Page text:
Anzac Day memorial services may still go ahead in Melbourne, despite a cancellation announcement from RSL Victoria earlier this month.
Minister for Veterans Shaun Leane released a statement via Twitter on Tuesday suggesting the events may yet be revived.
“I’ve organised for Major Events and the Department of Health to work with RSL Victoria to assist them to organise COVID safe events across the state for people to honour veterans on Anzac Day, including a potential march in Melbourne,” he wrote.
An earlier decision to cancel the events two months in advance was met with public backlash, with some drawing comparisons between major sporting events and the significance of Anzac Day.
Some Twitter users were quick to complain of contradictions, for example pointing out the state government’s backflip over the Moomba festival, which is now set to go ahead.
State Opposition Leader Michael O’Brian took to Twitter, responding to an article in the Herald Sun.
“If Moomba is back on, surely we can honour our veterans’ sacrifice with a COVID-safe ANZAC Day march? It’s 2 months away,” he wrote.
But it was RSL Victoria, not the state government, who made the earlier decision to veto the events.
The organisation’s president Robert Webster said at the time that based on advice he had received, going ahead was too risky due to the vulnerability of many veterans.
The Tasmanian RSL also decided to cancel public commemoration events this year, amid concerns for the safety of veterans.
- Related: COVID claims Anzac Day events
Premier Daniel Andrews said on Tuesday it was “too early to say” exactly what Anzac Day will look like for Victorians, but confirmed the state government will work with the RSL to keep it “as close to normal as possible”.
Queensland to ‘turn out in full force’ for Anzacs
Planned Anzac Day events will be in full swing across Queensland on April 25, Premier Annastacia Palaszczuk has confirmed.
Ms Palaszczuk says dawn services, marches and public commemorations will be held “as normal”.
“This means a lot to everyone across our state and I think is a great sign of respect.
“Let’s all turn out in full force to show our appreciation to the men and women who served our country.”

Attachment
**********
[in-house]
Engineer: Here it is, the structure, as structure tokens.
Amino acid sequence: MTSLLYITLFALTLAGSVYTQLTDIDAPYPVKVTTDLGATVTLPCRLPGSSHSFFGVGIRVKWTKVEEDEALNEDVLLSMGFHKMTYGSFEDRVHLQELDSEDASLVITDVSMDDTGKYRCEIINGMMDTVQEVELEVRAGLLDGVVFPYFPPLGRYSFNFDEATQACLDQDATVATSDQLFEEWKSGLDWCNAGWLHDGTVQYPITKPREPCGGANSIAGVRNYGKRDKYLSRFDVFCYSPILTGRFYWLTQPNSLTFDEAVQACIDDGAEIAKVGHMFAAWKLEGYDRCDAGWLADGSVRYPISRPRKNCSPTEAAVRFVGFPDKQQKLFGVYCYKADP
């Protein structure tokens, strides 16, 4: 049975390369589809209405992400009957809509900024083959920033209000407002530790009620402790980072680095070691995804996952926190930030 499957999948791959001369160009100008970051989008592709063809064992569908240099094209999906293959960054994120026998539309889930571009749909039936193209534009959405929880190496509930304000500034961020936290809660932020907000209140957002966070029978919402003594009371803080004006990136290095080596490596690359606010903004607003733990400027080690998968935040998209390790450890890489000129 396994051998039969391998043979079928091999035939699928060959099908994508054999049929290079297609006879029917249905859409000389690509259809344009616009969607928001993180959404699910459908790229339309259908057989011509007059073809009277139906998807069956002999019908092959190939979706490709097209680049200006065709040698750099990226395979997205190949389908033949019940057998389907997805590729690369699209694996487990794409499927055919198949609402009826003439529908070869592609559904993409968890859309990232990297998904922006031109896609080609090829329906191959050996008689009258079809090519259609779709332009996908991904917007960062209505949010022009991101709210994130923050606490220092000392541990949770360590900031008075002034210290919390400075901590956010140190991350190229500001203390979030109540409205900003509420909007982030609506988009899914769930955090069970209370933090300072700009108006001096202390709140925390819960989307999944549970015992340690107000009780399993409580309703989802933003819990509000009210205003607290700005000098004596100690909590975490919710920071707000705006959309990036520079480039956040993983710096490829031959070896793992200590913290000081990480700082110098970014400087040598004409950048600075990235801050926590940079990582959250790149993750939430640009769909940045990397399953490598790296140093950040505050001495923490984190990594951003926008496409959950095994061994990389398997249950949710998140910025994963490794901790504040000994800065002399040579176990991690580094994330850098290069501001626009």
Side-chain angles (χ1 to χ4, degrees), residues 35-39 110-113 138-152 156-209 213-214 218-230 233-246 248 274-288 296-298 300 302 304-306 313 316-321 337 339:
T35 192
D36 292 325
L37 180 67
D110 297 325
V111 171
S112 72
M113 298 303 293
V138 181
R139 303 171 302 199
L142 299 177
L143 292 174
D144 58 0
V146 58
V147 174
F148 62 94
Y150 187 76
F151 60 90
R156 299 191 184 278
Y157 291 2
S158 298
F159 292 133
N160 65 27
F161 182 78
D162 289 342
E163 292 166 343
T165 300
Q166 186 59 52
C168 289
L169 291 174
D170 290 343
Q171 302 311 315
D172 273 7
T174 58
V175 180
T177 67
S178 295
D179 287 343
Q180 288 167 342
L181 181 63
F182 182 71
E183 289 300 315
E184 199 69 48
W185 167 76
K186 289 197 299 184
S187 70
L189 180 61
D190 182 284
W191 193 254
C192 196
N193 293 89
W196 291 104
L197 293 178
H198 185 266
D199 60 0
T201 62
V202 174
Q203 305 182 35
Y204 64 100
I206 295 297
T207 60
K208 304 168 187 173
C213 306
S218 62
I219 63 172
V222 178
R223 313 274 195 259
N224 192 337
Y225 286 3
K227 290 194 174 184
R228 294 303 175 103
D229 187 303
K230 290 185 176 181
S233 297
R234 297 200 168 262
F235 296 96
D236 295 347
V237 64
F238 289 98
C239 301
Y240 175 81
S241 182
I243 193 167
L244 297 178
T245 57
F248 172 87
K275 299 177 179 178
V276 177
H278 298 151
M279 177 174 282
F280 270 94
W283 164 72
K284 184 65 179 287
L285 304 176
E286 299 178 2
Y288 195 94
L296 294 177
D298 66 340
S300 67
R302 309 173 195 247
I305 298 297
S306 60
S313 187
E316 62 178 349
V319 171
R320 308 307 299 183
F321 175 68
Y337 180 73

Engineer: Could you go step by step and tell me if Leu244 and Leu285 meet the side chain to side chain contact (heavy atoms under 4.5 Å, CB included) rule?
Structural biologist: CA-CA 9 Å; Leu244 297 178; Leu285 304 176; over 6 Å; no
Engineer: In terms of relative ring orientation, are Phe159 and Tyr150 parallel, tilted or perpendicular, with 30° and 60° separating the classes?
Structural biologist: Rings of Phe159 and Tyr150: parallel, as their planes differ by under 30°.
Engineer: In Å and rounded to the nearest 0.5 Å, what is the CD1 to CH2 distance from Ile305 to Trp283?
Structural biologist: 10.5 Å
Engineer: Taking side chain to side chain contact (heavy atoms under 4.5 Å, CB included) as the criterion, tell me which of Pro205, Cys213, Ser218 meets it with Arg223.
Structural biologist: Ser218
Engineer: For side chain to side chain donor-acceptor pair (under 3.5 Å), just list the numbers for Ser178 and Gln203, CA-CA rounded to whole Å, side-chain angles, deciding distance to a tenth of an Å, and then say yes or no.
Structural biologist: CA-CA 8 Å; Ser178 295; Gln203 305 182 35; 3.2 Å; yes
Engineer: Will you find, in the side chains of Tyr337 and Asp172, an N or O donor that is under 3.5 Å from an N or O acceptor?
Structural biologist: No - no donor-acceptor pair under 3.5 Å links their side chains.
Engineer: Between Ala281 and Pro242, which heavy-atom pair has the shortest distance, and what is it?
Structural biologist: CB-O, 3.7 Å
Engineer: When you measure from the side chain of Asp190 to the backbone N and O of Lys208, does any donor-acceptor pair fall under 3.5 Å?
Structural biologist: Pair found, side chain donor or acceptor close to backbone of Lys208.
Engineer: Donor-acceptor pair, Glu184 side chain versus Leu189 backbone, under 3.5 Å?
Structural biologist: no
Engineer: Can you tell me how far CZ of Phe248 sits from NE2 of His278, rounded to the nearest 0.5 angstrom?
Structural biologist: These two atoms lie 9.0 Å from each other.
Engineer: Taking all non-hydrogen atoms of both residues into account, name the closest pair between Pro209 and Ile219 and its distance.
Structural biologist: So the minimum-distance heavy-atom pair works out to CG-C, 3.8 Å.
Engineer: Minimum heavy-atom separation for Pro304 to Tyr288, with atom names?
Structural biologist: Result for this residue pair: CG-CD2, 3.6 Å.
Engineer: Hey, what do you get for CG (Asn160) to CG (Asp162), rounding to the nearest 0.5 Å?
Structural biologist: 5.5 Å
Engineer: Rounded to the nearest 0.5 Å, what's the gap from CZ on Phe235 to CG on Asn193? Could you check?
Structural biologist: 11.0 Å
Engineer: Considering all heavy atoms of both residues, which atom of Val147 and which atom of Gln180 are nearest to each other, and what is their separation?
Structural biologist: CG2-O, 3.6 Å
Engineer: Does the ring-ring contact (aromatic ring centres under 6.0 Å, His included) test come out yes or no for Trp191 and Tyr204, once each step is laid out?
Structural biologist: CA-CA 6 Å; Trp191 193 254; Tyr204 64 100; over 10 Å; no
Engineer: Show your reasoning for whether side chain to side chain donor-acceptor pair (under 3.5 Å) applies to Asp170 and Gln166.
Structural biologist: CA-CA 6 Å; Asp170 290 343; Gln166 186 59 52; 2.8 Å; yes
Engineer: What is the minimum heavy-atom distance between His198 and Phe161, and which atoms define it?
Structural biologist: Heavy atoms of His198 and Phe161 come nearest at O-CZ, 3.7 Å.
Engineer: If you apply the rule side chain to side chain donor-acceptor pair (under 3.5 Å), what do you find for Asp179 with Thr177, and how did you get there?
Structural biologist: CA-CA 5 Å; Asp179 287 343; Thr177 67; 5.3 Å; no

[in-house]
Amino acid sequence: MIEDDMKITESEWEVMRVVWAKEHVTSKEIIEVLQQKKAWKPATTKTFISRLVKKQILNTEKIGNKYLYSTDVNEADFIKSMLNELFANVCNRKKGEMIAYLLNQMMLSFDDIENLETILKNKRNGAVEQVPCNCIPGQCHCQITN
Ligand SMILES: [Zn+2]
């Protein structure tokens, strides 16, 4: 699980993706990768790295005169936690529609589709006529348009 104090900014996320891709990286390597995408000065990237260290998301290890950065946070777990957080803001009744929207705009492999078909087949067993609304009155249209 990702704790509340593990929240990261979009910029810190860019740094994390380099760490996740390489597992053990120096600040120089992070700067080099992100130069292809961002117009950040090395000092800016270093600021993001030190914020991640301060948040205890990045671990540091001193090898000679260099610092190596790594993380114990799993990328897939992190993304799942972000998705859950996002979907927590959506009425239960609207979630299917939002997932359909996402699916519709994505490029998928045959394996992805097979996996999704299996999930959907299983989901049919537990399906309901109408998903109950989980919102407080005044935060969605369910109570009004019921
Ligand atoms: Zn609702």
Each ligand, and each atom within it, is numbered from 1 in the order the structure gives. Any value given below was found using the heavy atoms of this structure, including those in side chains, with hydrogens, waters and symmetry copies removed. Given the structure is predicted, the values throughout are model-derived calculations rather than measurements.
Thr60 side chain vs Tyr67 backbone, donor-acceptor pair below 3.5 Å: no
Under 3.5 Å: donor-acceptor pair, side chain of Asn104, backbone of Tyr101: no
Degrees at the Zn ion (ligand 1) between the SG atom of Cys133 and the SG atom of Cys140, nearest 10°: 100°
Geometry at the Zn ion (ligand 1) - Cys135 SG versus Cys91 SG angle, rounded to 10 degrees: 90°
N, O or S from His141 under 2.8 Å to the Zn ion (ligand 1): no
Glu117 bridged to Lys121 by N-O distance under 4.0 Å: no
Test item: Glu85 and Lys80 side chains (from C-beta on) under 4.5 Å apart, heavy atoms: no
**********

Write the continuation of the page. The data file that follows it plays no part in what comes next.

Last year, public Anzac Day events were cancelled across the state due to the risk of spreading COVID-19.
Instead, thousands of Queenslanders marked the day by standing in their driveways at dawn and other private commemorations.
RSL Queensland president Tony Ferris said it would be heart-warming news for veterans and their families.
“The fact that we can now get back to our grassroots with our families, and commemorate those that have gone before, it’s just going to be one of the great things for Queensland,” he said.
RSL South Eastern District president Colonel Kerry Gallagher (Ret’d) AM said the return of public events was more important for veterans than the community.
He said it was important mentally and emotionally for their service to be validated and for them to connect with their fellow veterans.
“Meeting with mates is vitally important not only from, I suppose, a traditional point of view, but for many of them, who perhaps are not travelling so well,” Colonel Gallagher said.
Chief Health Officer Jeannette Young said Anzac Day could go ahead because there were no active cases in the community in Queensland.
She also said the mostly outdoor events were perfect for reducing the risk of COVID-19.
Dr Young said even the indoor functions can be managed with COVID-safe plans and contact tracing checking in.
“I commend the RSL, they have just done some of the best work in Australia in terms of managing their RSL clubs,” she added.
RSL NSW will also go ahead with its annual Anzac Day parade on April 25, but the march through Sydney CBD will be strictly limited to 500 participants.